My wife negotiates with a Night Market candy dealer

Night Markets like the one pictured above are a slowly vanishing form of entertainment for the working class. My Taiwan website has a collection of pictures of night markets from around the island, if you want to see more.
Two or three Saturday nights a month my wife and I take the kids to the night market near our house. It is a very small night market and resolutely working class. This kind of market is vanishing breed, however.

As Taiwan becomes more affluent, the night markets have started to bifurcate in response. The new middle class has, like all middle classes, developed upper class tastes and so disdains the traditional night markets as dirty and uncontrolled. The result has been a slow evolution toward night markets like this one in Keelung. Once a traditional night market with a pleasing anarchy of stands and sellers, it has become a lifeless touristy dump of identical storefronts where people show up in decent clothing (gasp!). Fortunately beyond the precincts of the government-mandated cookie cutter sameness the Stainless Steel Rats still hawk their wares in the traditional manner, from stalls with haphazard wooden tables piled high with second rate goods sold at inflated prices.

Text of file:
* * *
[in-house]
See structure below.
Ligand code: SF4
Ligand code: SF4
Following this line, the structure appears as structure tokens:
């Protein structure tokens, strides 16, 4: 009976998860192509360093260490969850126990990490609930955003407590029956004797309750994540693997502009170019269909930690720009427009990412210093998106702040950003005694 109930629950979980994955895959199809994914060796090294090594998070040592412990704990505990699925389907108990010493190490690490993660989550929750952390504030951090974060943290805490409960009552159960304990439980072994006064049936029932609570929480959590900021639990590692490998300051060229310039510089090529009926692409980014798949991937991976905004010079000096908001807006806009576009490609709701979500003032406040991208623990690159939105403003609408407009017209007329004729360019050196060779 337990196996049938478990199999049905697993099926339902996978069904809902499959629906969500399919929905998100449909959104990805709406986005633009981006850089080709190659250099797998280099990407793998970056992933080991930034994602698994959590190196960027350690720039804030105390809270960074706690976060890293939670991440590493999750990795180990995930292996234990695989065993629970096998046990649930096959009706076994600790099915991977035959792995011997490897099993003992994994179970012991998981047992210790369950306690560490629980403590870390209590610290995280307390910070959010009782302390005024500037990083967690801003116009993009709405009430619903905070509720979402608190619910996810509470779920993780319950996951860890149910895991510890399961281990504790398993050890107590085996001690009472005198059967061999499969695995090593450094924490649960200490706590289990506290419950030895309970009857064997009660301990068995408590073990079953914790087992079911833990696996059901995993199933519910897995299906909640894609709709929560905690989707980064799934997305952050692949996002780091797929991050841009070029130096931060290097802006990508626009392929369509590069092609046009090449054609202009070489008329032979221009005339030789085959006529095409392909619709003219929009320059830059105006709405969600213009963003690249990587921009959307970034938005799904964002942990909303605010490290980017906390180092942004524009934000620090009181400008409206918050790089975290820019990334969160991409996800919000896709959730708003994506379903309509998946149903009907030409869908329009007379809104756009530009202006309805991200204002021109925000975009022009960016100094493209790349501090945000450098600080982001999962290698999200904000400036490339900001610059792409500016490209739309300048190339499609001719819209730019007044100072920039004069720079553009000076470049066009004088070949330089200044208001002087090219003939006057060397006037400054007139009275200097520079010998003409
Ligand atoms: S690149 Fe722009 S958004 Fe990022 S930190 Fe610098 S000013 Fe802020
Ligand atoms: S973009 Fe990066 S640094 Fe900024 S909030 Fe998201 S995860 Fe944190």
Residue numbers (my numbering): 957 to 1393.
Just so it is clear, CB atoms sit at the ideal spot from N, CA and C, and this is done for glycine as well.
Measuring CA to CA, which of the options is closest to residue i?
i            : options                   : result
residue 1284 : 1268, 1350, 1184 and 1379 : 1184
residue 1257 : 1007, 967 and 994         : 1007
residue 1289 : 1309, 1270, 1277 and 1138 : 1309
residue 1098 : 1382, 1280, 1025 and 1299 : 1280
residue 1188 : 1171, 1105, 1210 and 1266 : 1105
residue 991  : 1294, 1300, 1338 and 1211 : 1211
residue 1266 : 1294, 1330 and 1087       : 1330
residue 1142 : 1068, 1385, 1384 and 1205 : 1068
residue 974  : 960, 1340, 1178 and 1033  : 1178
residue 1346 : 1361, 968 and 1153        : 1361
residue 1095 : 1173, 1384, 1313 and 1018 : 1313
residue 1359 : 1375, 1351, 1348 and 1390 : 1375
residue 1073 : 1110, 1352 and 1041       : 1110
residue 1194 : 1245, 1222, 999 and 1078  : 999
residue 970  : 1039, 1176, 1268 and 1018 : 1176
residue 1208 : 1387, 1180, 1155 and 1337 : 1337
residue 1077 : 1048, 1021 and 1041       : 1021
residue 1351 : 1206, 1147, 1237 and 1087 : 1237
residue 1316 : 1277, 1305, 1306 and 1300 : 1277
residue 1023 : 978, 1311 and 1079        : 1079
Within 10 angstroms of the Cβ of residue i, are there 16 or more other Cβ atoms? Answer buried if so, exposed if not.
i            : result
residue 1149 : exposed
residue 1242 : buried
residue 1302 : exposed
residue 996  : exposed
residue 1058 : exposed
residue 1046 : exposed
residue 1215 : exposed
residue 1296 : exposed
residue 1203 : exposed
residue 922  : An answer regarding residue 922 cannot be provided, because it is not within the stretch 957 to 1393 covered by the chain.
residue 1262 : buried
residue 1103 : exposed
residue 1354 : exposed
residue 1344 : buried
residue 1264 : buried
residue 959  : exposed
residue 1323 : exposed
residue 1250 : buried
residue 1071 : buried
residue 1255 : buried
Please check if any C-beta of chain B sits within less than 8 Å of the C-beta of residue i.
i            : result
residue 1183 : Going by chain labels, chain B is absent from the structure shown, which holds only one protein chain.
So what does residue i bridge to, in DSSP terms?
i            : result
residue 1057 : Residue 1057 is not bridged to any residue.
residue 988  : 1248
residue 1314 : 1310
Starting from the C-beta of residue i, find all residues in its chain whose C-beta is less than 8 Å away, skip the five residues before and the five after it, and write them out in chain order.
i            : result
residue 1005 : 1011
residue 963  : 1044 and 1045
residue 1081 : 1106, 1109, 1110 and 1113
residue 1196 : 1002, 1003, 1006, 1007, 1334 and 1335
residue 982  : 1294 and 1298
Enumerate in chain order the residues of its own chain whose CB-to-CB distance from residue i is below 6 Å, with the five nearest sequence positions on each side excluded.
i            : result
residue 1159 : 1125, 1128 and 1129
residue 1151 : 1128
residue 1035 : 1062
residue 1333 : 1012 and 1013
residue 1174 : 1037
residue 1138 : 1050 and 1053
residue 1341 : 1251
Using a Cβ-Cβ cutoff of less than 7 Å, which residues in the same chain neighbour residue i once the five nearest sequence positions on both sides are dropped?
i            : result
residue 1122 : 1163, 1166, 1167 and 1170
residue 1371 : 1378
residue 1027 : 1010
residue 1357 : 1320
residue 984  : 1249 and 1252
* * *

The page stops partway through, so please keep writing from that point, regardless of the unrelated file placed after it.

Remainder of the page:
At the same time the traditional night markets like ours still survive, but only barely. Large parking lots suitable for night markets are steadily being gobbled up by the insane pace of development, turned into hideous apartment buildings or cookie cutter housing estates. Their low rents mean low revenues, while as the picture below shows, many of their wares are illegal and sooner or later will be the subject of crackdowns.

What kind of razors are these? Look closely; the eye can deceive.

Night markets have always been a unique aspect of local culture. When they are gone, I’ll miss them greatly.